Call to Halt School-to-Work Spending

Published January 1, 2000

WASHINGTON–Since the 104th Congress passed the School-to-Work Opportunities Act in 1994, the federal government has dispensed a total of $2 billion in implementation grants to the 50 states. The STW act requires states to form business partnerships intended to reshape education policy to fit the needs of economic and workforce development.

By law, STW is supposed to “sunset” on October 1, 2001, although the $5.4 billion omnibus Workforce Investment Act of 1998 will carry some of the STW concepts forward. U.S. Secretary of Education Richard Riley has ruled states may continue to spend federal STW funds beyond that date until their money is exhausted. President Clinton wants to put another $110 million into STW during fiscal year 2000.

Heritage Foundation scholar D. Mark Wilson, a specialist in job-training issues, has a different idea: end the School-to-Work program. Now. Apply the savings toward helping the President and Congress keep their pledge of reducing discretionary spending in order to stay below spending caps agreed upon in 1997.

School-to-Work, concludes Wilson in a new Heritage Foundation study, “Time to End the Troubled School-to-Work Program,” just isn’t working well enough to justify spending another penny on the program. Although it was set up as an integral part of education reform, with the intent of ensuring that youngsters leave public schools with marketable skills, Wilson finds that STW “really is just another redundant federal program of unknown effectiveness that masks the failure of other programs and does not address the root causes of declining educational achievement.”

While proponents of STW recognized the failures of U.S. public schools, says Wilson, they erred in funneling tax money into a redundant effort that clearly doesn’t remedy the fundamental problem: poor academic achievement of high school students.

Since 1980, Washington has put enormous sums into programs similar to STW–almost $20 billion for vocational education, $4 billion for R&D, and $22 billion for miscellaneous “school improvement” programs. If those efforts had worked, America’s high school graduates would not have a school-to-work transition problem.

Nor has Germany’s STW-style system performed much better: Youth unemployment there was 10 percent in 1997, almost matching the U.S.’ 11.3 percent for the same age group.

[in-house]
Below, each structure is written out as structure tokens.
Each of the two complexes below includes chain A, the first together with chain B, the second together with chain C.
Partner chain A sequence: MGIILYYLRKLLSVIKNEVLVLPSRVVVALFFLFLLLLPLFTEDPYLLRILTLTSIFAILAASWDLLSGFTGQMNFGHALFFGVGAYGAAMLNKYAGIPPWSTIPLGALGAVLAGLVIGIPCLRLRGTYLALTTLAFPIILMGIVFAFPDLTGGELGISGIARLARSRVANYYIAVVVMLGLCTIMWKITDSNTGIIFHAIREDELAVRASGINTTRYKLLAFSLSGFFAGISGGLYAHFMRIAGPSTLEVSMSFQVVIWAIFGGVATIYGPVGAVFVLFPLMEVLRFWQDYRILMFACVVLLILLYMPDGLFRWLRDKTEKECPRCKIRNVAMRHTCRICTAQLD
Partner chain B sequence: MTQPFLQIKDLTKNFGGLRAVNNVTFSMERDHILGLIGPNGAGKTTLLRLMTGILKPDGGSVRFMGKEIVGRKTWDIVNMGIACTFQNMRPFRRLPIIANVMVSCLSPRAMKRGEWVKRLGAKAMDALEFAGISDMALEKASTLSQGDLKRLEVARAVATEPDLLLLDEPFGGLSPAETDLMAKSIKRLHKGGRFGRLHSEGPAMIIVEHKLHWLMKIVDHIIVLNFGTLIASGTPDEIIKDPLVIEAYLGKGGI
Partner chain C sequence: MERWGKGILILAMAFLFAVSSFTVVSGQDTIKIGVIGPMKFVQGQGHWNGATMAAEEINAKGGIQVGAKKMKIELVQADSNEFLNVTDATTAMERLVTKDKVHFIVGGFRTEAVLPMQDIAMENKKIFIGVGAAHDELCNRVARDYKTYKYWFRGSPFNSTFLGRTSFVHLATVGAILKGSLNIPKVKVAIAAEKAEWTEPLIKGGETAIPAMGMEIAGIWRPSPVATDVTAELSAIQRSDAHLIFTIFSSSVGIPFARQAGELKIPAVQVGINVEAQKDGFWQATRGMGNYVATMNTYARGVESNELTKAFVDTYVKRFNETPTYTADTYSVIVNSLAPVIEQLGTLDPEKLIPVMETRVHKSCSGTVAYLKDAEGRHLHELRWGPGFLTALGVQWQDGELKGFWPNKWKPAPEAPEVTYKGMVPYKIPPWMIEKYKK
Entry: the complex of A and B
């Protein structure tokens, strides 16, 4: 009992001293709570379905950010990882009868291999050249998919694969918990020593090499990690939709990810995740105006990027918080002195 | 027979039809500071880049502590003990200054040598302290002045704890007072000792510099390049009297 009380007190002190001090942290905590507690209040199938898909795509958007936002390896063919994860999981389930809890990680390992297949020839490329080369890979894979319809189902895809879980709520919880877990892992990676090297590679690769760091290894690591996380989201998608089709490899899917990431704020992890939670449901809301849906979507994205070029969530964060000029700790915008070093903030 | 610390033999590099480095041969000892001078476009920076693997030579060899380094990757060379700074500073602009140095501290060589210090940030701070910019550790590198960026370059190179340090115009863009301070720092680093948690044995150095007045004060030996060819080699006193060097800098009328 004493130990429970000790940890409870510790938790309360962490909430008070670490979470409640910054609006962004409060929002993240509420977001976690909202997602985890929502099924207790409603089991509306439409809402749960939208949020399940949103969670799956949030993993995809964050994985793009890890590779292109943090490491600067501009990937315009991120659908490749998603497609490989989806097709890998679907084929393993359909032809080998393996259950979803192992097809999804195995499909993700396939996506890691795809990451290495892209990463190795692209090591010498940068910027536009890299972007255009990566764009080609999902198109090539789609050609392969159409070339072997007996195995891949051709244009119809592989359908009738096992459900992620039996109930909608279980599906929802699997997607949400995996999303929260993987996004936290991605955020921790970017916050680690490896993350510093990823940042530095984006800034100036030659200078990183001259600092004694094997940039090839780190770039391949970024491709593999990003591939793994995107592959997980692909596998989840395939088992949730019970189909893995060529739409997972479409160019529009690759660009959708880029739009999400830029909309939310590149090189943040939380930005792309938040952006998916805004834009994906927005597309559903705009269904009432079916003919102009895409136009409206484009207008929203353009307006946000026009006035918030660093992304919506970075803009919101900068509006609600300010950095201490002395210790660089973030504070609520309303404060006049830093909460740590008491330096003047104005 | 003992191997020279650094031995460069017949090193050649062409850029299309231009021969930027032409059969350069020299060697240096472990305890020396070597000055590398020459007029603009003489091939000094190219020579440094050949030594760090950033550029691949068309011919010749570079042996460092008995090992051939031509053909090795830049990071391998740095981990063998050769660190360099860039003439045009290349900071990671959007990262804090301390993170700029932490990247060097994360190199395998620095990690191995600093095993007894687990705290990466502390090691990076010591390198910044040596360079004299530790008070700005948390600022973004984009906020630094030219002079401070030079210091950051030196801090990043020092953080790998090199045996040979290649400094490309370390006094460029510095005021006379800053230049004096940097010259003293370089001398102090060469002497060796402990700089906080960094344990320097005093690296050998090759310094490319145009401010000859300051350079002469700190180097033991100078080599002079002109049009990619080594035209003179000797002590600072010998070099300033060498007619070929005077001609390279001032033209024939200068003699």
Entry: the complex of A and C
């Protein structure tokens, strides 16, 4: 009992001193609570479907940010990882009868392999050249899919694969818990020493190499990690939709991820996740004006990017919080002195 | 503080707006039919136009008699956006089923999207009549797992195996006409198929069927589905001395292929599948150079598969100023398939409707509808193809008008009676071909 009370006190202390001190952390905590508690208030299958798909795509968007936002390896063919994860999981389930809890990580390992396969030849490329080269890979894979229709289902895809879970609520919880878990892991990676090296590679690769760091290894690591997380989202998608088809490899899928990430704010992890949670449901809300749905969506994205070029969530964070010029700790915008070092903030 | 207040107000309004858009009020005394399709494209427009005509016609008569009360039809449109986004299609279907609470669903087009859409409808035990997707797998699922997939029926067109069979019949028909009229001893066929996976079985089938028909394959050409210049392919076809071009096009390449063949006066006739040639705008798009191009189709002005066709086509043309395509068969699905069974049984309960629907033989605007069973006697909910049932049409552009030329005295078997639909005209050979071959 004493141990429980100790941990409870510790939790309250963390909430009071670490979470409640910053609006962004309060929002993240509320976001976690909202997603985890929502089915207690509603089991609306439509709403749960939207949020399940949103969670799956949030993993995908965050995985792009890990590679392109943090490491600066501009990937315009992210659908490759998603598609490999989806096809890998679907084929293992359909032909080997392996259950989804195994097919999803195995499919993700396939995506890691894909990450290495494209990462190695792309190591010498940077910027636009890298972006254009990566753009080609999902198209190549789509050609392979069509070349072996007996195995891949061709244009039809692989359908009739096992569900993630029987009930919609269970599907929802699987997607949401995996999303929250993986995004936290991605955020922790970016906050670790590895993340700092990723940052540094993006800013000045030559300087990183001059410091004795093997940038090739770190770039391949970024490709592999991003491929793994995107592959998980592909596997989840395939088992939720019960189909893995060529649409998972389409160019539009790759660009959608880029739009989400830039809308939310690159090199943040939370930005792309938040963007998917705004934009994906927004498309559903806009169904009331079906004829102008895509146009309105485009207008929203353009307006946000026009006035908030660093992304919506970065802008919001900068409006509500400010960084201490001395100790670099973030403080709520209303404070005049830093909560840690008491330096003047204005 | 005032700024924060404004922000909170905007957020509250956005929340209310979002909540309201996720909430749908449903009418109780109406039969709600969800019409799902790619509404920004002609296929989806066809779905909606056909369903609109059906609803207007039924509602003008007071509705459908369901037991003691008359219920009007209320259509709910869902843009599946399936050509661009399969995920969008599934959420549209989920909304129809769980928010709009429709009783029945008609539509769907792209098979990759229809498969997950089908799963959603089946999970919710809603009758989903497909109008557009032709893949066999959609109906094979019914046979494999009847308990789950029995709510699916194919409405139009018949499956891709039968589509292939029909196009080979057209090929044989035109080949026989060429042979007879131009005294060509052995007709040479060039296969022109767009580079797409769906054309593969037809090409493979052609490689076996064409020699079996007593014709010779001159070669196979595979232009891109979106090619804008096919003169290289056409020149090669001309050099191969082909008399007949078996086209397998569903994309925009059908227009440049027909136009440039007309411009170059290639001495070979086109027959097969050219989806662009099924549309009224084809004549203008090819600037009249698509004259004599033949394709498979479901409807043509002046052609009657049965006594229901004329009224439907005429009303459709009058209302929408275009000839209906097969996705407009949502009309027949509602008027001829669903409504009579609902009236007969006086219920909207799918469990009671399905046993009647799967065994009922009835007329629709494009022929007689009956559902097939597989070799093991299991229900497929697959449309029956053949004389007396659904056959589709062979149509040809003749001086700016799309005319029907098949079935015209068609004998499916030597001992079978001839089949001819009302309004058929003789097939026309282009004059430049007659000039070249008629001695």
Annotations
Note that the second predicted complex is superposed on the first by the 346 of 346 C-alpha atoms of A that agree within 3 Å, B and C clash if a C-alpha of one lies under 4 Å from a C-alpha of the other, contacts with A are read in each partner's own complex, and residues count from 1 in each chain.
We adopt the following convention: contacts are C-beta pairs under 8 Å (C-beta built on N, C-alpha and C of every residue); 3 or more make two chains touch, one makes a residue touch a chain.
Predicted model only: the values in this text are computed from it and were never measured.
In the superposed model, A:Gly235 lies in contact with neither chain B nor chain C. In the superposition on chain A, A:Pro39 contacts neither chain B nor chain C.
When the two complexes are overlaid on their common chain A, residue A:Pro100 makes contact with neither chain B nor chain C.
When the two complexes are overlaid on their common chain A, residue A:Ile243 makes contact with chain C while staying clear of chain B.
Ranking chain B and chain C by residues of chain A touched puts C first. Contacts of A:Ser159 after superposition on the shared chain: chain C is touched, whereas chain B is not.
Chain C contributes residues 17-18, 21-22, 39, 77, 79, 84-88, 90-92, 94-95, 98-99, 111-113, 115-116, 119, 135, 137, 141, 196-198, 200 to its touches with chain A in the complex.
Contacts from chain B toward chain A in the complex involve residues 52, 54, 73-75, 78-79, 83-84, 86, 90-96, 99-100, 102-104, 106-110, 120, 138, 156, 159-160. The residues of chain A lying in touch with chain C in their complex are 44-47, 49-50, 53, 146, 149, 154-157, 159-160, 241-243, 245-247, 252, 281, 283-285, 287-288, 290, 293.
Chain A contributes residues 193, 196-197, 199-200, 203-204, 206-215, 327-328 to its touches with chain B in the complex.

There have been few rigorous studies of STW’s effectiveness, but the research that is available shows mixed results. Mathematica Policy Research, in a national STW evaluation, found that efforts to raise academic standards are occurring independently of STW. Mathematica found little evidence that workplace activities arranged by business partnerships had academic content, and noted disturbingly that students face a trade-off between electives with career content and using that time for more traditional academic pursuits. A 1996 High Schools that Work assessment found that males who were earning credit for work-based learning had lower achievement in reading, math, and science.

The National STW Office points to programs in Boston and Philadelphia as proof that School-to-Work is working. Wilson concedes those local programs may be getting positive results, but asks: At what cost? Students are gaining placement in entry-level jobs in the local economy, but they are skipping liberal arts coursework that could help them amass “a stock of intellectual capital that will improve and enrich their lives.”

The Heritage scholar also cited flaws in STW that concern many grassroots school-reform activists: its bypassing of state and local elected officials; its promotion of questionable teaching methods such as “contextual” and student-directed learning; its application to all students as opposed to just those vocationally inclined; its destructive impact on liberal arts education; and its resemblance to federal industrial planning of the kind that failed in the old Soviet Union and Eastern Europe.

Robert Holland is a senior fellow at the Lexington Institute, a public-policy think tank in Arlington, Va. His e-mail address is [email protected].

For more information …

The Heritage Foundation study, “Time to End the Troubled School-to-Work Program,” by D. Mark Wilson, is available from The Heritage Foundation, 214 Massachusetts Avenue NE, Washington, DC 20002, phone: 202/546-4400. The study is available on the Internet at